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Croatia: $35.6 Billion in Illicit Financial Outflows via Crime, Corruption and Tax Evasion Hemorrhages the Balkan Nation's Economy

Wed, 11/10/2017 - 01:29

Croatia: $35.6 Billion in Illicit Financial Outflows via Crime, Corruption and Tax Evasion Hemorrhages the Balkan Nation's Economy
RIJEKA - ZAGREB — Croatia's economy continues to hemorrhage at a higher rate with over $35.6 billion leaving the nation through illicit financial outflows via crime, corruption and tax evasion for the years 2005-2014.  The report was published by Global Financial Integrity based in Washington, DC, and widely shared by strategic partners Adriatic Institute and International Leaders Summit.  This significant loss to Croatia's economy which amounted to $35.6 billion accounts for 73% of the nation's 2015 GDP.   

On average, Croatia lost 7.3% of its annual GDP (2005-2014) to crime, corruption and tax evasion.  Greater amounts were lost in cash transactions not included in the report. Croatia's illicit financial flows for this period are the highest in the entire Western Balkan region.

Since the 1990s, Croatia received billions of taxpayer aid from the United States, United Kingdom, Germany, Japan, Netherlands, Norway, Sweden and other developed nations. For the years 2014-2020, Croatia is to receive a total of $20 billion from EU taxpayers.

According to reports published by Adriatic Institute for Public Policy and International Leaders Summit, Croatia's loss is greater when considering the plundering of the nation's treasury since the early 1990s when the HDZ political party came into power.  The HDZ political party has ruled the nation for the majority of the country's existence since it declared independence in 1991.

Croatia's colossal corruption has increased poverty in the Balkan country and deprives its citizens and taxpayers of basic services in the areas of healthcare, education and aid to the working poor, while fueling a mass exodus of the youth and professionals.
200,000 Croatians fled the nation over the past yew years According to media group Index.hr, over the last few years, some 200,000 Croatian citizens left the nation for Western EU members states including Germany, Austria, Ireland, Sweden and Great Britain.  

A report from the International Organization of Migration states, "In 2015, nearly 20% of all citizens of Croatia lived outside the country  of origin."

The unfunded liabilities of Croatia are rising significantly due to the government's fiscal mismanagement and lack of political will to address structural reforms, specifically pension reform. 
Croatia's compromised cadre in government unfit to tackle rampant corruption Kolinda Grabar-Kitarovic, president of Croatia, recently gave a speech about "branding Croatia."  Rather than spending taxpayer funds to host conferences on image-making, the Balkan nation's president and Andrej Plenkovic, its prime minister, should begin by inviting visiting judges from strong rule of law nations and judicial experts in tracking and recovering Croatia's stolen taxpayer funds sent to secret foreign bank accounts in Austria, Liechtenstein and beyond. 

The US government's Kleptocracy Initiative at the US Justice Department has addressed these glaring issues by holding to account corrupt politicians and their private partners in crime foreign jurisdictions including Malaysia (recovered approximately $540 million), Nigeria, Ukraine (DoJ is focusing on overseas asset transfers made by Ukrainian officials, including former President Viktor Yanukovych), Uzbekistan and Russia.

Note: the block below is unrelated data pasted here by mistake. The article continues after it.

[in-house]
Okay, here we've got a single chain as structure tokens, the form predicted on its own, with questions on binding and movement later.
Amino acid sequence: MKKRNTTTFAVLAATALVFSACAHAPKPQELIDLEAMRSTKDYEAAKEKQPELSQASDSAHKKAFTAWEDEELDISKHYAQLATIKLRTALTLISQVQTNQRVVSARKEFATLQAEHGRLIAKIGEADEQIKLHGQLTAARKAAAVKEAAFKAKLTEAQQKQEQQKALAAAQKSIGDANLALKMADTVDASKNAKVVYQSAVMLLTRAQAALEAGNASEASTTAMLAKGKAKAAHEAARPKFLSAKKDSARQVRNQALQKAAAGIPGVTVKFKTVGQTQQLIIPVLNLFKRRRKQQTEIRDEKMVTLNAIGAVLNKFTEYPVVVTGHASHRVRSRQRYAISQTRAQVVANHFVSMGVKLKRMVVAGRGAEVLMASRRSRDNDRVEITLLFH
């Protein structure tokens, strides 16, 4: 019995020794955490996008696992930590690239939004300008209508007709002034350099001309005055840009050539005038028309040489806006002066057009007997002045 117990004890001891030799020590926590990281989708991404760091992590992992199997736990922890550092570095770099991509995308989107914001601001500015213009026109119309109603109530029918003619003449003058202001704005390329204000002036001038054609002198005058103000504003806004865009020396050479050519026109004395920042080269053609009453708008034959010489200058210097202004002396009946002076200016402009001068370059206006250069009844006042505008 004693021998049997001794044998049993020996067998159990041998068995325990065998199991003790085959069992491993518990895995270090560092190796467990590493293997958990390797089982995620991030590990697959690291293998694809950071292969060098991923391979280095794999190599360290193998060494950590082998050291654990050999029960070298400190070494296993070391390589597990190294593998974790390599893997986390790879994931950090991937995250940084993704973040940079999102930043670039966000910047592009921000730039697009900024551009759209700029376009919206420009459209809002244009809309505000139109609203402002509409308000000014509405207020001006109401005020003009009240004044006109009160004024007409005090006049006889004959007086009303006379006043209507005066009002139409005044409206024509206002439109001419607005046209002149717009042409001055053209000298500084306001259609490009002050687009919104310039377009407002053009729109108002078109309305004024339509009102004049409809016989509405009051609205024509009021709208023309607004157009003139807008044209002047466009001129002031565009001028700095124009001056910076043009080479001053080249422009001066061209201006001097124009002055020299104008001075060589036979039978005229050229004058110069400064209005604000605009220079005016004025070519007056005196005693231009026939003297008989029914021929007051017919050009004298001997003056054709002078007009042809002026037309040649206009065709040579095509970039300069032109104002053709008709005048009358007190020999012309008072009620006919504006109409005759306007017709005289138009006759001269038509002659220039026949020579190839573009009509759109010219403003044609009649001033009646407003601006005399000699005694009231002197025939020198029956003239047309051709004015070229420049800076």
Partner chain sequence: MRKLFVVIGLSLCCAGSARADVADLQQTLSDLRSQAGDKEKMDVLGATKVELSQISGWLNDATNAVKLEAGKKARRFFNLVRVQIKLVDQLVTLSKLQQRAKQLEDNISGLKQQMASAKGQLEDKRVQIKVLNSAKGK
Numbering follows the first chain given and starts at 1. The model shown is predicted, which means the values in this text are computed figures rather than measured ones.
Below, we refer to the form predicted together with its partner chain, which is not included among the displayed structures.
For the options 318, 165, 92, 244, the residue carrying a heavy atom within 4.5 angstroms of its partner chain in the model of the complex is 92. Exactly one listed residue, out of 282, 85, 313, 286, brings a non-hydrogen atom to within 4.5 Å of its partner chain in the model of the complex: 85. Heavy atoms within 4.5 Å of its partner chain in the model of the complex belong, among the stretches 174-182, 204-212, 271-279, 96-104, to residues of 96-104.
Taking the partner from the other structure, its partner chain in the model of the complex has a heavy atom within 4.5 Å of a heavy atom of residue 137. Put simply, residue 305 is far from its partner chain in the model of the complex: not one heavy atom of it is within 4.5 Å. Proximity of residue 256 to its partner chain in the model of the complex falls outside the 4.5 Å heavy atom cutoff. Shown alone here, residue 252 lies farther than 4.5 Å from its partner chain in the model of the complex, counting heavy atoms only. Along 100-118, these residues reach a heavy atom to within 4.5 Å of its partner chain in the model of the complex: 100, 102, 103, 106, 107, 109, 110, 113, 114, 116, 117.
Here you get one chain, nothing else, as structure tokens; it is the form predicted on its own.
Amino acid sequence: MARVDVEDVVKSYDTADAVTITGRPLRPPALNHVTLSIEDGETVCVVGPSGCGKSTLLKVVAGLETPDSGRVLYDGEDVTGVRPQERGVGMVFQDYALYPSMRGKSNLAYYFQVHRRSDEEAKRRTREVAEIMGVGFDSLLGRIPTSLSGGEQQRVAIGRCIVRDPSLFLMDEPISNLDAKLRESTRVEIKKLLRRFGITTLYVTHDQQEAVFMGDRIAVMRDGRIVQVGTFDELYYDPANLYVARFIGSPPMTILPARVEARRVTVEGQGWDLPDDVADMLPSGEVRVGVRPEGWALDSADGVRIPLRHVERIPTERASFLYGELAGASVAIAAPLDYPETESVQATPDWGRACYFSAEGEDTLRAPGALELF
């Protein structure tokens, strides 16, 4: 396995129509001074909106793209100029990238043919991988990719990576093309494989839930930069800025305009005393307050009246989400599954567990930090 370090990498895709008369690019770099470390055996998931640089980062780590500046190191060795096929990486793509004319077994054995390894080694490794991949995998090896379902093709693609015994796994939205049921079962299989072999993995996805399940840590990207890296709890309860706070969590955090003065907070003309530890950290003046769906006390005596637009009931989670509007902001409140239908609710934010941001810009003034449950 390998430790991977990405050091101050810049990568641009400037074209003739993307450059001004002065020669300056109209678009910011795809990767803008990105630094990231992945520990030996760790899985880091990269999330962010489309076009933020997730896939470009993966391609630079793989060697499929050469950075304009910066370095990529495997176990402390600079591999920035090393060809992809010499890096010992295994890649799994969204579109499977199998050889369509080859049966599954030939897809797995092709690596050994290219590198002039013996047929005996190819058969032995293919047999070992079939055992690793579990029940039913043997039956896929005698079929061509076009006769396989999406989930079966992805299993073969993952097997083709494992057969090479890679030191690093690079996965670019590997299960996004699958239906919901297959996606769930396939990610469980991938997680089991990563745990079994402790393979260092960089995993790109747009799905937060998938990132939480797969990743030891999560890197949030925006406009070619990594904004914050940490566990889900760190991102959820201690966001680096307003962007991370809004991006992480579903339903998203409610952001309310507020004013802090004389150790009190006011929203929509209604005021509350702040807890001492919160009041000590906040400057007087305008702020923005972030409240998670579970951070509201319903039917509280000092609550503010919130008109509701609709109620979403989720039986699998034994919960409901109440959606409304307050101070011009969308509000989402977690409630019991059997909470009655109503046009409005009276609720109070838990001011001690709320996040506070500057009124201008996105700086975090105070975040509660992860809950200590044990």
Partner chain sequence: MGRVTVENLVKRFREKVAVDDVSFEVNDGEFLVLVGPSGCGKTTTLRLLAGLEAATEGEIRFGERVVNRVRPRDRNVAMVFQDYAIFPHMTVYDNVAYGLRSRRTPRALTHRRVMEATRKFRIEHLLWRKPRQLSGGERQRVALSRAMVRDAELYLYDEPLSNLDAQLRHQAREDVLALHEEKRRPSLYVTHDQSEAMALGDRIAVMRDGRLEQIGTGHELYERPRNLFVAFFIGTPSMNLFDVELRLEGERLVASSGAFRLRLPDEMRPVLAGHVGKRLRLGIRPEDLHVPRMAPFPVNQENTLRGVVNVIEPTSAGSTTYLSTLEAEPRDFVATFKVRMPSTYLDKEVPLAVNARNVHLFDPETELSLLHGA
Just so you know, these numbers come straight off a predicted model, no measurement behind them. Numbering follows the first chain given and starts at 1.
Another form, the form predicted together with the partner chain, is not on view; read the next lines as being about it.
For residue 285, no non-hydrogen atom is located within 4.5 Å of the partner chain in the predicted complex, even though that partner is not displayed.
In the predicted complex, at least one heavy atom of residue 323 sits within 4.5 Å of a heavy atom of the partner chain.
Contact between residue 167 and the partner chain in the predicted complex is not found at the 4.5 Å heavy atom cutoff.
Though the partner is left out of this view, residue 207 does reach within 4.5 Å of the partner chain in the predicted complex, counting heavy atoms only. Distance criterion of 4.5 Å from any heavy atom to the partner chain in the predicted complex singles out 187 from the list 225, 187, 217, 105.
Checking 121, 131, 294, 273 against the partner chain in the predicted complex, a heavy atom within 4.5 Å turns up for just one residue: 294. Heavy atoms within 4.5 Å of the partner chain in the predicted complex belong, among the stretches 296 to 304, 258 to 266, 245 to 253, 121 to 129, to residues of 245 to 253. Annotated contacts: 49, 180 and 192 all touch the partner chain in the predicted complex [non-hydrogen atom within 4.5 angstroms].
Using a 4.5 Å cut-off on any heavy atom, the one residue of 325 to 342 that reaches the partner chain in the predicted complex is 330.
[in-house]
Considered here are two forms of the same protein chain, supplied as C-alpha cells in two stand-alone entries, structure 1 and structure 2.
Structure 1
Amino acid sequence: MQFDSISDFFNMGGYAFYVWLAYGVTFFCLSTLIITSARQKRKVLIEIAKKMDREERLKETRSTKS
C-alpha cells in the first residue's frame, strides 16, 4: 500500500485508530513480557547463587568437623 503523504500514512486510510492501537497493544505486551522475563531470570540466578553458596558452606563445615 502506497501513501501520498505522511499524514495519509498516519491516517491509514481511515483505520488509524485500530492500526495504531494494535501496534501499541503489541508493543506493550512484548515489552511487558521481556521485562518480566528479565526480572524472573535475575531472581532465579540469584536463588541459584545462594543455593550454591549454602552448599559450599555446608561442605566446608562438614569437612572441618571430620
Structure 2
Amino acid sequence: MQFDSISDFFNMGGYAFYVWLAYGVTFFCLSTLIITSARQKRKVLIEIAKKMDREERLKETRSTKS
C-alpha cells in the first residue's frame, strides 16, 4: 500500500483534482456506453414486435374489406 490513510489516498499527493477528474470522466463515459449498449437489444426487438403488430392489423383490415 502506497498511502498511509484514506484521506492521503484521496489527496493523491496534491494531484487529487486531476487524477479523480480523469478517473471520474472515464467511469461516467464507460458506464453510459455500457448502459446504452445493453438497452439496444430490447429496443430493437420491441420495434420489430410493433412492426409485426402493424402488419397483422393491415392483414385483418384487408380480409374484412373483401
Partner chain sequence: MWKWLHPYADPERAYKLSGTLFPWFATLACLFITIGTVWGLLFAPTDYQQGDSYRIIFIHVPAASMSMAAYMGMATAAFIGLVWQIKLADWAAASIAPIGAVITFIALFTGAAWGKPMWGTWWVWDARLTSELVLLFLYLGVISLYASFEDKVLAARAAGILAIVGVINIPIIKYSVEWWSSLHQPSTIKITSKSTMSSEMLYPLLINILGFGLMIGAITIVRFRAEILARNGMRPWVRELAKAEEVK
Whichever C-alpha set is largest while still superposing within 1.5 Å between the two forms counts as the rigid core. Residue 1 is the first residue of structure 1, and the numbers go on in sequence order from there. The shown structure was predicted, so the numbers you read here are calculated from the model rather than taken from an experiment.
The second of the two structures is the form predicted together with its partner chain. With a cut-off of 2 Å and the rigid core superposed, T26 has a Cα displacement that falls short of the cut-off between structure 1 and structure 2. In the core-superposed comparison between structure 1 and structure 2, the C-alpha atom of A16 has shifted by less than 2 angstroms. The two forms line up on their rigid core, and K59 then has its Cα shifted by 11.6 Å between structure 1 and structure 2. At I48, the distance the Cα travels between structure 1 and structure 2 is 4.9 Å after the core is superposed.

Croatia's elected officials should ask for assistance from leading experts in the United Kingdom and the United States and work to design laws that curtail illicit financial outflows, establish the rule of law and effectively implement anti-bribery measures. These action items would create momentum to address Croatia's "image problem" as an oasis of corruption in the Balkans. 

For too long, Croatia's government officials representing the HDZ, SDP, HNS and other political groups have vehemently blocked principled efforts to recover illicit financial outflows and confiscate unexplained wealth of corrupt politicians.  In contrast, Romania's judicial system jailed hundreds of politicians and confiscated illicit wealth gained by corrupt officials. 

When looking at the rise of illicit financial outflows in the Balkans, Croatia's anti-graft prosecutors USKOK have failed to address the nation's grave problems with several hundred local and national politicians mired in corruption allegations given free reign in jurisdictions across the country.

Croatia's politicians including Kolinda Grabar-Kitarovic, its president, and Andrej Plenkovic, prime minister, should spend less time pontificating about Croatia's branding and begin to address the glaring problems at home including colossal corruption. The alarming illicit financial outflows repel foreign investors from strong rule of law nations to enter Croatia's marketplace.

The flight of 200,000 young and professional group of Croatians (a 10% loss of Croatia's electorate) in the past few years should be a wake-up call for Croatia's stakeholders.

If rampant corruption is not addressed, then the next 200,000 Croatians wishing to leave the moribund economy will eagerly join their compatriots in the West, where the rule of law prevails and opportunities abound. 
 




 
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